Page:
I'm going to interrupt my series on Kensiu to ask a few questions that arose when I looked at the images in this Wikipedia entry.

First, what does the Old Church Slavonic phrase симъ побѣдиши on this coat of arms mean? The literal Russian translation is этим победишь (which is oddly absent from the Wikipedia article on that phrase), but I'm still lost.

The second word побѣдиши is 'thou willst conquer'.

I would expect the first word симъ to be either accusative or instrumental ('with this' being a loose equivalent of the original Latin in hoc signo 'in this sign'). However, it seems to be dative plural according to this paradigm. (Its Russian translation этим can either be dative plural or instrumental singular; although the former corresponds to Old Church Slavonic симъ, the latter corresponds to Old Church Slavonic симь with a different final vowel.) Did Old Church Slavonic побѣдиши take dative objects unlike modern Russian победишь which takes accusative objects? That seems unlikely according to this description of the Old Church Slavonic dative. Or is симъ a later substitute for the instrumental singular симь 'with this'? (No subsitution of jers is mentioned in Wikipedia's description of the Russian recension of Old Church Slavonic.)

Second, the Old Church Slavonic симь 'with this' that I expected has the instrumental ending -мь, the regular reflex of Proto-Slavic *-mĭ. But in Russian, the instrumental ending is hard -м as in Belarusian (which lost /mʲ/ in word-final position) and Ukrainian (which has no /mʲ/ unlike its two sisters). Was there irregular loss of *-ĭ in Russian? Russian 'seven' has the expected reflex of *-ĭ: i.e. palatalization of *m.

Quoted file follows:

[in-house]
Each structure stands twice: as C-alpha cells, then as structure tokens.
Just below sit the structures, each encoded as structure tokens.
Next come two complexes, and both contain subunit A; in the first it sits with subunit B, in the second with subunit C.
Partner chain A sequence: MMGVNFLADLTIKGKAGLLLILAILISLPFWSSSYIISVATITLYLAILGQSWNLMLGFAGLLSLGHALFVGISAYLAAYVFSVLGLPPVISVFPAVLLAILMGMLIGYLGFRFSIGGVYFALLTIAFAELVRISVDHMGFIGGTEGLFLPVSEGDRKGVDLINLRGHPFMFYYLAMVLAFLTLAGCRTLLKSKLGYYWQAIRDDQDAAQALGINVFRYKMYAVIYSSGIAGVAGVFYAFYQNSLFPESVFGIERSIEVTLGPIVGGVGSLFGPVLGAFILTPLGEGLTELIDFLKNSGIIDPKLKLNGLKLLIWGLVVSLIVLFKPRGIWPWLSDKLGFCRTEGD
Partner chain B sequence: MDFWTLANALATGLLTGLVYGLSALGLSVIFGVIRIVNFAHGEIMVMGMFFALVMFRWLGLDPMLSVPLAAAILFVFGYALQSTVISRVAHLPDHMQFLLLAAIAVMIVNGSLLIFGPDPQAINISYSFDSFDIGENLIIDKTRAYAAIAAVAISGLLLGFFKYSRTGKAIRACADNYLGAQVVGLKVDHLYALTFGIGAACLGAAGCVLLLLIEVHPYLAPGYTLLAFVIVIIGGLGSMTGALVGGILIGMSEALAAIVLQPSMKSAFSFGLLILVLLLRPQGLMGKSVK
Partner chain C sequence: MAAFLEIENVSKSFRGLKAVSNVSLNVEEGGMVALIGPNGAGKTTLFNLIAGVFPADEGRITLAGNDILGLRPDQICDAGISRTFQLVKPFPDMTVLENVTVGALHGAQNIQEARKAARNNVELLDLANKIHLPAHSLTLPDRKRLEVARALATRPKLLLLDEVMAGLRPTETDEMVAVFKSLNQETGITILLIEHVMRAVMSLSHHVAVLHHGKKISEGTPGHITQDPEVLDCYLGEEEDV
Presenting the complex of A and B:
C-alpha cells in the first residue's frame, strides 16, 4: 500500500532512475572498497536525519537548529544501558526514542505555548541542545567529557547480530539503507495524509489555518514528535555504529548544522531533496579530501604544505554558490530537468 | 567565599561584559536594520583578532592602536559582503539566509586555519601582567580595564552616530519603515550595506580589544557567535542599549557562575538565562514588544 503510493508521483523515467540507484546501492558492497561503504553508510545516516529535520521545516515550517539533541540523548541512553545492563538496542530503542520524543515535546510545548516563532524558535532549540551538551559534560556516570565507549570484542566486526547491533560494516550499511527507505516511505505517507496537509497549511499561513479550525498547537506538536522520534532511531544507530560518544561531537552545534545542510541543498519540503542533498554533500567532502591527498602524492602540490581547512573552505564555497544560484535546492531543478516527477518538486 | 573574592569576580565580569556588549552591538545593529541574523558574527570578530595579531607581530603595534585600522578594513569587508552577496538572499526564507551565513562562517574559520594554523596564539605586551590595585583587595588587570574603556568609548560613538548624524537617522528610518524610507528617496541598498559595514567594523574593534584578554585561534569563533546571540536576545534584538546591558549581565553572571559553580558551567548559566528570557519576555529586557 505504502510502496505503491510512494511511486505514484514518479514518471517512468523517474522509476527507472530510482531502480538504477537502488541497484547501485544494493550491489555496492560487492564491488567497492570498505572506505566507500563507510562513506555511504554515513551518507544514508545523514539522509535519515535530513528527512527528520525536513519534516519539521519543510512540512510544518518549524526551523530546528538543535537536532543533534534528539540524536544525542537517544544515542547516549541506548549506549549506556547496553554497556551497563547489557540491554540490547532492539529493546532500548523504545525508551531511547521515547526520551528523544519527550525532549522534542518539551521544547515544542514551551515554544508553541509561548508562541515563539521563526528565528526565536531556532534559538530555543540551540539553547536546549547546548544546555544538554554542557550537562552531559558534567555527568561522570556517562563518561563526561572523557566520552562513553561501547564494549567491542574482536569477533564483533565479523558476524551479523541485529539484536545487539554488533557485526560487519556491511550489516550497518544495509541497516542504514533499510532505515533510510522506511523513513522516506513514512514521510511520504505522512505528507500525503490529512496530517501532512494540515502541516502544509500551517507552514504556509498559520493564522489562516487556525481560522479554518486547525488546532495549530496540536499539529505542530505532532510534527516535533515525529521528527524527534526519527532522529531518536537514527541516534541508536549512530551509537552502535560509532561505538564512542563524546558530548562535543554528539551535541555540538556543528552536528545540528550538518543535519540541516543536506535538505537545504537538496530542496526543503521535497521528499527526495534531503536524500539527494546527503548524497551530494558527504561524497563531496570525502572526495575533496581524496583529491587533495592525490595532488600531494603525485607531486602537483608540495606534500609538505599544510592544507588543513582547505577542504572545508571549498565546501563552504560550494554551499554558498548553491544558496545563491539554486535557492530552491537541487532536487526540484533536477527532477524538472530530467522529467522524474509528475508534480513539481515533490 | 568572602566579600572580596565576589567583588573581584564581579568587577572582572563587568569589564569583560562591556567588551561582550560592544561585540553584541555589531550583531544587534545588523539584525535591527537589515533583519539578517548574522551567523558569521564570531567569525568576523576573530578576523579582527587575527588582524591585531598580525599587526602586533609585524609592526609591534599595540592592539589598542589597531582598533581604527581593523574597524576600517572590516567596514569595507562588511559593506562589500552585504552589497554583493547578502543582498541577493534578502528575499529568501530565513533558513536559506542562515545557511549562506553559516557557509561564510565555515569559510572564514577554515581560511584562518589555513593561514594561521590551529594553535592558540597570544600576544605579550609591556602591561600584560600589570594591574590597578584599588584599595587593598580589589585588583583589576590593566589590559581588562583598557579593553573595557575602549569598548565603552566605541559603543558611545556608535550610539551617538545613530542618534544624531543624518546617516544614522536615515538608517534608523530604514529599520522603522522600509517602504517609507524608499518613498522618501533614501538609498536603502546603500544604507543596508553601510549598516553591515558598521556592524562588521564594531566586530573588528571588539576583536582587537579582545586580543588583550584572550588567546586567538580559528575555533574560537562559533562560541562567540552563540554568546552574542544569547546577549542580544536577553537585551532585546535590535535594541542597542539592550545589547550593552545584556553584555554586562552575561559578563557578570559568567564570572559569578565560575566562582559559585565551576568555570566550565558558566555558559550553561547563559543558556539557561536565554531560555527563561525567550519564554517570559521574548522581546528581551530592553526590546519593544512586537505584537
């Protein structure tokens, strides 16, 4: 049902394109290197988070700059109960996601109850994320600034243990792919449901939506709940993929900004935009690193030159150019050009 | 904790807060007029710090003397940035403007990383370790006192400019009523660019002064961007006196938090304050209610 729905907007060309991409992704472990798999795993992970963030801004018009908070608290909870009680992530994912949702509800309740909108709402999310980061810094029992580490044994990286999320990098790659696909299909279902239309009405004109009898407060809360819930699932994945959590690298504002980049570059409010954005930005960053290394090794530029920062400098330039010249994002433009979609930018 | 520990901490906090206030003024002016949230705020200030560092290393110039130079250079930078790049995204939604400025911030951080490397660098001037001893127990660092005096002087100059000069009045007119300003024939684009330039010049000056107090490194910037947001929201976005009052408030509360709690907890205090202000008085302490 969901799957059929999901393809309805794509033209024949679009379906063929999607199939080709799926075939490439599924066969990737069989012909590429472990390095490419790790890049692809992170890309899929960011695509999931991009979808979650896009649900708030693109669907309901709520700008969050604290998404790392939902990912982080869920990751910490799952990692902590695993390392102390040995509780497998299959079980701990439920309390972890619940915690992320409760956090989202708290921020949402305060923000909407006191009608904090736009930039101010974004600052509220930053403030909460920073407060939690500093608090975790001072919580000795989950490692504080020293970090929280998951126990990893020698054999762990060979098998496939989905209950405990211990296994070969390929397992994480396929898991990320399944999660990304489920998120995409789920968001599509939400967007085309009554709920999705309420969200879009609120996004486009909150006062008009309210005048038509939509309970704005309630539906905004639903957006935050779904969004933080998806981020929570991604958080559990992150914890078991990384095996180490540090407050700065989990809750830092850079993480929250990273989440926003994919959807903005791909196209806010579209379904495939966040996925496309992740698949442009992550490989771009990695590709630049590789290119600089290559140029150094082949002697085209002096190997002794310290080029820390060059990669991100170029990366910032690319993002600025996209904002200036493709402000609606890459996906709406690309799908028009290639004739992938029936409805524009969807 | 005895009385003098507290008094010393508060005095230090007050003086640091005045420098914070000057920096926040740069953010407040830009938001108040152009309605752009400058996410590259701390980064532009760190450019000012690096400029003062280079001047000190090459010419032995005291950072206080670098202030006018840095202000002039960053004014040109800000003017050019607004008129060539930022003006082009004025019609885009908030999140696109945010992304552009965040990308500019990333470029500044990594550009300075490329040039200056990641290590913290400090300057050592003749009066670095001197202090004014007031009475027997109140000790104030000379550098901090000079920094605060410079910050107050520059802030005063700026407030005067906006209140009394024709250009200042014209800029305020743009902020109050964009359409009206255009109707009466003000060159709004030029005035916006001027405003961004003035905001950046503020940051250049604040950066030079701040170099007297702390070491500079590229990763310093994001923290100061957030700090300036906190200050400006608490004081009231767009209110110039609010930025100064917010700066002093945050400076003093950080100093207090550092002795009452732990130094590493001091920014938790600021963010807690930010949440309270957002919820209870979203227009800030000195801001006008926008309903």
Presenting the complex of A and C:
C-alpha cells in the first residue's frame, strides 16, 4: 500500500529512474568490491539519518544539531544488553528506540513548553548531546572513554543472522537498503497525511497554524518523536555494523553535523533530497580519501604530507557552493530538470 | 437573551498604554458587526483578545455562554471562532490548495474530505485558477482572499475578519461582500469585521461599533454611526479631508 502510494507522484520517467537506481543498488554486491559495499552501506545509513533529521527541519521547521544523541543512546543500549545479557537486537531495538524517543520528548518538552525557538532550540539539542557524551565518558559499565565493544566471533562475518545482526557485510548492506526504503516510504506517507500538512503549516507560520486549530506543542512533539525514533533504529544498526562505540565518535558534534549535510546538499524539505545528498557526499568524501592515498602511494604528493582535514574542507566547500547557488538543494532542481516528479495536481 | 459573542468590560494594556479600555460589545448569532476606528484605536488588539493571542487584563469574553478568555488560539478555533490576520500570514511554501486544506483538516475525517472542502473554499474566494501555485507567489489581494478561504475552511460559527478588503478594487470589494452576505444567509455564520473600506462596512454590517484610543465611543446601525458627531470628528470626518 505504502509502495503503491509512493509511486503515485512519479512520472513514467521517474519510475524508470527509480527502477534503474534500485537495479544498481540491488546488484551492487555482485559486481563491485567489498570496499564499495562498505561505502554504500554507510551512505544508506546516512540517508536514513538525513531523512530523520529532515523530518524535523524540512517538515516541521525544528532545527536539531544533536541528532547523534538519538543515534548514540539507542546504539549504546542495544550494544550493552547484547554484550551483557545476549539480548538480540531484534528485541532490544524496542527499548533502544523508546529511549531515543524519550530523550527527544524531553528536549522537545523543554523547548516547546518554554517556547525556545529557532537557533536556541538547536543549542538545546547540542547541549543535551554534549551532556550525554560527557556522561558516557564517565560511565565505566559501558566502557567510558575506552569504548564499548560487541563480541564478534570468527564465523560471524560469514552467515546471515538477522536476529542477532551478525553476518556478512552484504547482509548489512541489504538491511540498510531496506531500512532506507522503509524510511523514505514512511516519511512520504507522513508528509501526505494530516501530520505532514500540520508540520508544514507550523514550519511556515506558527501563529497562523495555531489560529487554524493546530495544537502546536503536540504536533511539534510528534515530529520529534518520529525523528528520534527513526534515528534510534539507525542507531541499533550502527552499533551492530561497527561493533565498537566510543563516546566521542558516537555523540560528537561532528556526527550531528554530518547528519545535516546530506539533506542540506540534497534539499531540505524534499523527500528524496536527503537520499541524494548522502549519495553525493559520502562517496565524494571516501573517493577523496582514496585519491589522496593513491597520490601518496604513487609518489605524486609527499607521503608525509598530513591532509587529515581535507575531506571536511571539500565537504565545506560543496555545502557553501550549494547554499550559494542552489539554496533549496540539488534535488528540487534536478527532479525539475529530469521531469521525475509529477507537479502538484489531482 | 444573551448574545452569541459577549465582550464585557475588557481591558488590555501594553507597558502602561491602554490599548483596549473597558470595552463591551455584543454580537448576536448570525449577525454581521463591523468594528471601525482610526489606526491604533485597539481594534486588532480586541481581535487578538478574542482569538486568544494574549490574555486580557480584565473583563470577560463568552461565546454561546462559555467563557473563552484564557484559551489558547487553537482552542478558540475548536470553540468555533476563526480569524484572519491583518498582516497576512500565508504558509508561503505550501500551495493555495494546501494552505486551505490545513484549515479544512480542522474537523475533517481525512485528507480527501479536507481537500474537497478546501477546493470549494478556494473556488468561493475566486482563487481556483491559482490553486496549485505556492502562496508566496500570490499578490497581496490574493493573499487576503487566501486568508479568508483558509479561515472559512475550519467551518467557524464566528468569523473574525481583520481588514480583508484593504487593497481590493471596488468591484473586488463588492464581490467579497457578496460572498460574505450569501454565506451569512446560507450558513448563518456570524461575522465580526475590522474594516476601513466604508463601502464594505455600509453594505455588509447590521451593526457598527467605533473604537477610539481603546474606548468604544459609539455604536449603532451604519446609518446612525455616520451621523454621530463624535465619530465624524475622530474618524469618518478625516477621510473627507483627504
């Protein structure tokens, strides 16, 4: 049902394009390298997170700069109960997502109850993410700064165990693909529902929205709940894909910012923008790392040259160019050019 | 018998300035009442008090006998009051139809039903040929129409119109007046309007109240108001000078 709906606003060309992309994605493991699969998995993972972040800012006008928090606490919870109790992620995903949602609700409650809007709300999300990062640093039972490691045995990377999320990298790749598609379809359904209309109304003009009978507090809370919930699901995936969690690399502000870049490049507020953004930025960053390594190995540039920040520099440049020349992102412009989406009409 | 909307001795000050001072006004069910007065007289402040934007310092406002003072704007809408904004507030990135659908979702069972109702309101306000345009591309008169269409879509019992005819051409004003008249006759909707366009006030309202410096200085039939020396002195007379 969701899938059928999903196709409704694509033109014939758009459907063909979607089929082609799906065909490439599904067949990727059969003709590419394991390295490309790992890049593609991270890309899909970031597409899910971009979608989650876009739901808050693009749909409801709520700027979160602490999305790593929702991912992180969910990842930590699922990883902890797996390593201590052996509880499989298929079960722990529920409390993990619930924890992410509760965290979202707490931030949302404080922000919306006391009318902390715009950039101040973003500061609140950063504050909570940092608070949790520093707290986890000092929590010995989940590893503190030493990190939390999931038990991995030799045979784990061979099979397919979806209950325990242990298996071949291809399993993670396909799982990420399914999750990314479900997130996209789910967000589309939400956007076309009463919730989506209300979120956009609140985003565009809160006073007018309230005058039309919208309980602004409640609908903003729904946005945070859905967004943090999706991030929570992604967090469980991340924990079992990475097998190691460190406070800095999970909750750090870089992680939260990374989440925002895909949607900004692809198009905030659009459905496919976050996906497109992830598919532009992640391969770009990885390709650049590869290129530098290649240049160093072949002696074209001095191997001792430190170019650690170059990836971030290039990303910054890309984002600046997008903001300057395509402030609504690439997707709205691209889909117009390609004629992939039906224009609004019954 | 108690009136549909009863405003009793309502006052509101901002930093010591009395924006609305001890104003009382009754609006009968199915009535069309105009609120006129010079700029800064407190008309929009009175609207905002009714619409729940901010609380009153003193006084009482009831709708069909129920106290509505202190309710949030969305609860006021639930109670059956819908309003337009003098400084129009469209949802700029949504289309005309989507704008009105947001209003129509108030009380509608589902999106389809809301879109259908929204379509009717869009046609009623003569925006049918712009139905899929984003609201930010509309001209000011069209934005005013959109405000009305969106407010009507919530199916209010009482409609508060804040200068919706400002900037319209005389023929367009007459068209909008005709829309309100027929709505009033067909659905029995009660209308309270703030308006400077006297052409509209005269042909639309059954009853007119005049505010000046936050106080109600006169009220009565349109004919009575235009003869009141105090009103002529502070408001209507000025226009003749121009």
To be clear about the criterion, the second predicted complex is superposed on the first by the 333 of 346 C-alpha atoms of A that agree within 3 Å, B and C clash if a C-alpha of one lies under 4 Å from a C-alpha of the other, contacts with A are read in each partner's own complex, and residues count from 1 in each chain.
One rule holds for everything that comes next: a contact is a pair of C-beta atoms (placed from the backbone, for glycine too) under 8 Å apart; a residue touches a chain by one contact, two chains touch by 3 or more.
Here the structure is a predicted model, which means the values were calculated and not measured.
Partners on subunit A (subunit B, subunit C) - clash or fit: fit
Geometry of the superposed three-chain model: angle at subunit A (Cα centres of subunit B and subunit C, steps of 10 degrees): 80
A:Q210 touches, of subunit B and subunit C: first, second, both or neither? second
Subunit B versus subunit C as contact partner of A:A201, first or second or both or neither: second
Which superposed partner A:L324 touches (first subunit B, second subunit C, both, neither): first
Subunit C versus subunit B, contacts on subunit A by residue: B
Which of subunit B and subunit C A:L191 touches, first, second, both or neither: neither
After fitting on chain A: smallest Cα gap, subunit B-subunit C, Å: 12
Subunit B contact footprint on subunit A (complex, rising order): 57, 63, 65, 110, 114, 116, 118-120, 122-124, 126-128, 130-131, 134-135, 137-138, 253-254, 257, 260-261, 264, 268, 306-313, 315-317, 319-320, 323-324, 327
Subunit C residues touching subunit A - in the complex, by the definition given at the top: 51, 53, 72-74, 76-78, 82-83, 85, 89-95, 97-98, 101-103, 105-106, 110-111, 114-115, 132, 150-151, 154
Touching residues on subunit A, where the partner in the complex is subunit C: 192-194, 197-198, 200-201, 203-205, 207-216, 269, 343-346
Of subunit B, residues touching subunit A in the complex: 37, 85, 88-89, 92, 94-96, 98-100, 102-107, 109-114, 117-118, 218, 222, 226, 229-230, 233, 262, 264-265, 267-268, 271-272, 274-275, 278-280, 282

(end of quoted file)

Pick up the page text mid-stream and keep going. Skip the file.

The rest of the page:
Proto-Slavic *sed > Russian семь, Belarusian сем, Ukrainian сім

The Ukrainian vowel і may look irregular at first glance, but it is the regular reflex of *e before *-ĭ.

Third, why does the -и of the Old Church Slavonic second person singular ending -ши in побѣдиши correspond to nothing* in Russian and other modern Slavic languages? Did they completely lose a vowel that Old Church Slavonic retained from Proto-Slavic *-ši?

Fourth - veering off-topic, I know - why does the -и of the Old Church Slavonic infinitive ending -ти (< Proto-Slavic *-ti; e.g., in побѣдити 'to conquer') have yet another set of correspondences?